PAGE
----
Absolute limits to population growth V – introducing variation

Years in which horse populations are halved or growth reversed by extreme weather, are typical of longer-term studies. We should manage populations with the expectation that every 5 to 15 years there will be a bad year or two. We should evaluate estimates of population growth with the understanding that large variation in annual growth is typical – ‘shit happens’. Longer-term estimates of average annual population growth and how variable it is are more valuable.

Calculating maximum growth

First, we repeat the calculations (a) through (k) to find out what the largest population growth possible if all mares 2-years-old and older breed and there are no deaths. Change values of (a) and (b) until the value of (k) = 1. I have done this for you and the maximum values possible over several years because all mares breed is (a) 36.5 and (b) 1.365.

Absolute limits IV (text box)Then, we impose different death rates of 1 to 8% (v) on the maximally reproducing population. The higher the death rate, the lower the maximum annual growth rate. We calculate the number of deaths (w) and the number of breeding mares left (x) for the eight different death rates, and use these to calculate maximum annual growth (y) where annual death rates range from 1 to 8%.

Average growth over a decade

I impose three, real-world scenarios on the population over a decade.

1. Growth is poor at 5.2% for one year – like Pryor Mountain’s population in 1983 [1] when the winter was bad enough to result in just a small increase in population size. The population multiplier (b)-poor (λ) is 1.052.

2. There is a catastrophic year and the population declined by 40% – like Pryor Mountains population in 1978 [1]. The population multiplier (b)-catastrophic (λ) is 0.593.

3. There was both a poor and catastrophic year during the decade, as there was during the 11-year, 1976-86, population record from Pryor Mountain [1].

Let the population increase at its maximum rate for the other years of the decade. We then calculate an average annual population growth over the 10 years for each scenario: nine values of the maximum growth (y) for each death rate (v) and the value for the poor or catastrophic year (z) for scenario 1 and 2, and eight values of maximum growth (y) for each death rate (v) and the value for the poor and catastrophic years (z) for scenario 3.

Seeing the answer

To simplify the answers I have constructed the graphic below. The graph compares average annual growth over a decade (vertical axis) for the three scenarios (1 poor year λ = 1.052, 1 catastrophic year λ = 0.593, and both a poor and catastrophic year) with the eight death rates (horizontal axis).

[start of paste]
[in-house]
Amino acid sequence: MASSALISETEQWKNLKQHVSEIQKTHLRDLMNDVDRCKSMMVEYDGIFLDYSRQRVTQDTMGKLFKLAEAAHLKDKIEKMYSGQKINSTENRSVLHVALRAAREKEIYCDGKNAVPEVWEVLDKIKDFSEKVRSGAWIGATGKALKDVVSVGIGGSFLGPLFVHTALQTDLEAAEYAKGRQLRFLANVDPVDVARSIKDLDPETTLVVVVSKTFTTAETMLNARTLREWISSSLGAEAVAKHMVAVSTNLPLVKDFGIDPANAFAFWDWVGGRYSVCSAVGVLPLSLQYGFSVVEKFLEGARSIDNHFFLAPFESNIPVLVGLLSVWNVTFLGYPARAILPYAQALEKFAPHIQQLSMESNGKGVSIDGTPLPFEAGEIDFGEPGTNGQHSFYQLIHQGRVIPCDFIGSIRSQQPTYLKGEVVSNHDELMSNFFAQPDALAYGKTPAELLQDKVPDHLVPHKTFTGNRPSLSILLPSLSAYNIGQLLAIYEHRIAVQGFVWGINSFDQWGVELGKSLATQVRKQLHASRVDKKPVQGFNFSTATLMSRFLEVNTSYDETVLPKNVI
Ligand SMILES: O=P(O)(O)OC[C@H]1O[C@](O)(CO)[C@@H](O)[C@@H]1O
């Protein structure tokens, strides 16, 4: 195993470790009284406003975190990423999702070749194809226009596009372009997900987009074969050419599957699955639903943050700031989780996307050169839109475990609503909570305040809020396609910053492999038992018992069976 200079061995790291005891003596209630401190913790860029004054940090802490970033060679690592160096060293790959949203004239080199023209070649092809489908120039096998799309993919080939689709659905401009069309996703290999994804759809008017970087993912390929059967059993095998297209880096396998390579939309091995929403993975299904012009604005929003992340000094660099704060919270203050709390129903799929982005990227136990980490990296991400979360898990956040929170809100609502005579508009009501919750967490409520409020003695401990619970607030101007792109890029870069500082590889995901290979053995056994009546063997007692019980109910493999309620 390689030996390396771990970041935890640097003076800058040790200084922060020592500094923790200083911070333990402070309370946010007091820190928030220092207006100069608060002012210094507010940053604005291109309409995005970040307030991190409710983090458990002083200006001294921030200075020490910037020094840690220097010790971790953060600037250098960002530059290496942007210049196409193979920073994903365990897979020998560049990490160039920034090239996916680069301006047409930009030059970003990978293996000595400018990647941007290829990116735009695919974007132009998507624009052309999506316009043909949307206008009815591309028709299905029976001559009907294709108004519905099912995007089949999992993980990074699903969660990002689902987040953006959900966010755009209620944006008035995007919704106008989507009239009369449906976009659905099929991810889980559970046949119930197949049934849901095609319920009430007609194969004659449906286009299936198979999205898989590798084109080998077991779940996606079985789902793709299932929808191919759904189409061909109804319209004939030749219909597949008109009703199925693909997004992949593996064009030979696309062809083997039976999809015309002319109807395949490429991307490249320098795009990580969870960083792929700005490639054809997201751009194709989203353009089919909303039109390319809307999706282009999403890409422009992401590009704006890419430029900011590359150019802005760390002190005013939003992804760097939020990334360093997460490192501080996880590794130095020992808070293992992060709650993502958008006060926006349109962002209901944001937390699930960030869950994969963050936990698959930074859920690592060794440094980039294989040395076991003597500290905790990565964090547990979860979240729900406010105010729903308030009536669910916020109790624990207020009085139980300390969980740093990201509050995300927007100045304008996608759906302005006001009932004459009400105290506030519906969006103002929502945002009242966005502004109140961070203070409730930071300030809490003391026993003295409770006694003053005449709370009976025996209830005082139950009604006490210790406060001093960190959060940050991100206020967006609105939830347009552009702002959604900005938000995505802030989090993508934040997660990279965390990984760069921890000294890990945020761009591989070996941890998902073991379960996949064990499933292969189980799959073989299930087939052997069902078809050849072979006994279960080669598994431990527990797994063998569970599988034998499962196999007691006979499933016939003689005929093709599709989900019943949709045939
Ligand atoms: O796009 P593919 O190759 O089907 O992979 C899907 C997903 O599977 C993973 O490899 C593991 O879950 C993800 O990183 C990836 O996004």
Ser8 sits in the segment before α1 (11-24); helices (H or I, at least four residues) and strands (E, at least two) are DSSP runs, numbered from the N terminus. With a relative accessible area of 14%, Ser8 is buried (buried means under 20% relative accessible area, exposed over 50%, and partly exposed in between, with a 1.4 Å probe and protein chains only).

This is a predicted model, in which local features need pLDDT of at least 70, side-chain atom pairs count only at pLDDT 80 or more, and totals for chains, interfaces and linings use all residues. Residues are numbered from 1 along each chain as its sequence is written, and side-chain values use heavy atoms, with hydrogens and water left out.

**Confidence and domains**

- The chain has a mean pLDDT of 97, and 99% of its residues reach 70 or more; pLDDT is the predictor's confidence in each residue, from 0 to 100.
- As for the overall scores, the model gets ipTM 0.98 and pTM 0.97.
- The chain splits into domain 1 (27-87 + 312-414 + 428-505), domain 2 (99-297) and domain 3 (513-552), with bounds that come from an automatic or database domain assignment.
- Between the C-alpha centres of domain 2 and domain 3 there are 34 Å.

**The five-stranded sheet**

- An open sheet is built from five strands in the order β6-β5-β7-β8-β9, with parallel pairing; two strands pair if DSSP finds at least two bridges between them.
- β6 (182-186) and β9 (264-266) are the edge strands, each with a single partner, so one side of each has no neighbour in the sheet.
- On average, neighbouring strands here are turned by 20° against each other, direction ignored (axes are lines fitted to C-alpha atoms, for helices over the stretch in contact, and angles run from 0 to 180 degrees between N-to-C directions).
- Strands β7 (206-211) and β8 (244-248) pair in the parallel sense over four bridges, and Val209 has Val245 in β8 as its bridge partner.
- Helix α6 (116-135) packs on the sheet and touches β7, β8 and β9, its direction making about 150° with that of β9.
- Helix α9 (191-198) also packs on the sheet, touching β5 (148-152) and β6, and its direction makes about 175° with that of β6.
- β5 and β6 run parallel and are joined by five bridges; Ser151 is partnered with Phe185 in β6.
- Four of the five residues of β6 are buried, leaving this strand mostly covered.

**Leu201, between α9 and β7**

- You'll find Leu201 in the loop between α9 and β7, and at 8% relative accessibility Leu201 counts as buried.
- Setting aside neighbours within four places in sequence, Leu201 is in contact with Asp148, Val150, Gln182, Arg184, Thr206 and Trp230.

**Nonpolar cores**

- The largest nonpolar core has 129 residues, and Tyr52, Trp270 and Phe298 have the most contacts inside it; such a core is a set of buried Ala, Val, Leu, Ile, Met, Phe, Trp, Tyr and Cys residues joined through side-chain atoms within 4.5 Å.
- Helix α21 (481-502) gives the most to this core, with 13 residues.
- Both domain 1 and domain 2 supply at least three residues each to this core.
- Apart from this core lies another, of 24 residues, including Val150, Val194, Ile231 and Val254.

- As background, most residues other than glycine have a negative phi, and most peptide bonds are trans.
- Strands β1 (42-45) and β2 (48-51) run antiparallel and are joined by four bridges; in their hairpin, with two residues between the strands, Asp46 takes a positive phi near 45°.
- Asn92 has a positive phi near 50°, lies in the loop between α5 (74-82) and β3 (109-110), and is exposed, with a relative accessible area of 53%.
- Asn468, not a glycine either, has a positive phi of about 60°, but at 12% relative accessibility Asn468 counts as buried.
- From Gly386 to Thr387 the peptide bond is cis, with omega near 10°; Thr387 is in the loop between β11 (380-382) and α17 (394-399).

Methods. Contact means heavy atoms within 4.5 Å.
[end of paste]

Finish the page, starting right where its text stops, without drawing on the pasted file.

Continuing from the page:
VariationThe answer is clear. A population cannot experience a catastrophic year, like 1978 at Pryor Mountain, and still achieve 30% annual growth over a decade – indicated by the blue dashed line in the graph – even if death rates during other years are as low as 1% and all mares 2-years-old and older breed successfully for the other nine years.

The third critique

So we have identified the third and last piece of information important to corroborate claims of extraordinary increases in population size – a measure of how variable growth rates are between years.

A measure of year-to-year variability will require that growth be measured across several years – the more the better. Ideally the study should exceed the length of a sites climatic cycle. A five year record is good but a record of 10 years or more is better.

Next time someone claims extraordinary population growth rate ask them “Over how many years did you measure growth and how variable was it from year to year?”. Average population growth rates around 30% per year are biologically impossible in places with large variation in conditions from year to year.

Mustangs in the Pryor Mountain Wild Horse Range. Source: http://www.8thingstodo.com

Nevertheless, the graphic also illustrates that where variation in population growth and death rates are low, high rates of population growth might be sustained so long as all mares breed successfully. How common are these conditions?

Unfortunately, long-term studies of 10 years, like that in the Pryor Mountain record [1], are rare. We might, however, gain some useful measures of maximum and variation in reproduction from shorter-term studies but at many different sites because they represent a large range of conditions.

I will insert greater realism into our calculations using other real-world values for reproduction and death…

… in my next post in this series.


  1. Garrott, R. & Taylor, L. 1990. Dynamics of a feral horse population in Montana. Journal of Wildlife Management, 54, 603-612.
  1. Reblogged this on EQUILIBRE Gaiá and commented:
    Another great article from Wayne Linklater on the variance found in population growth largely caused by extreme environmental conditions.

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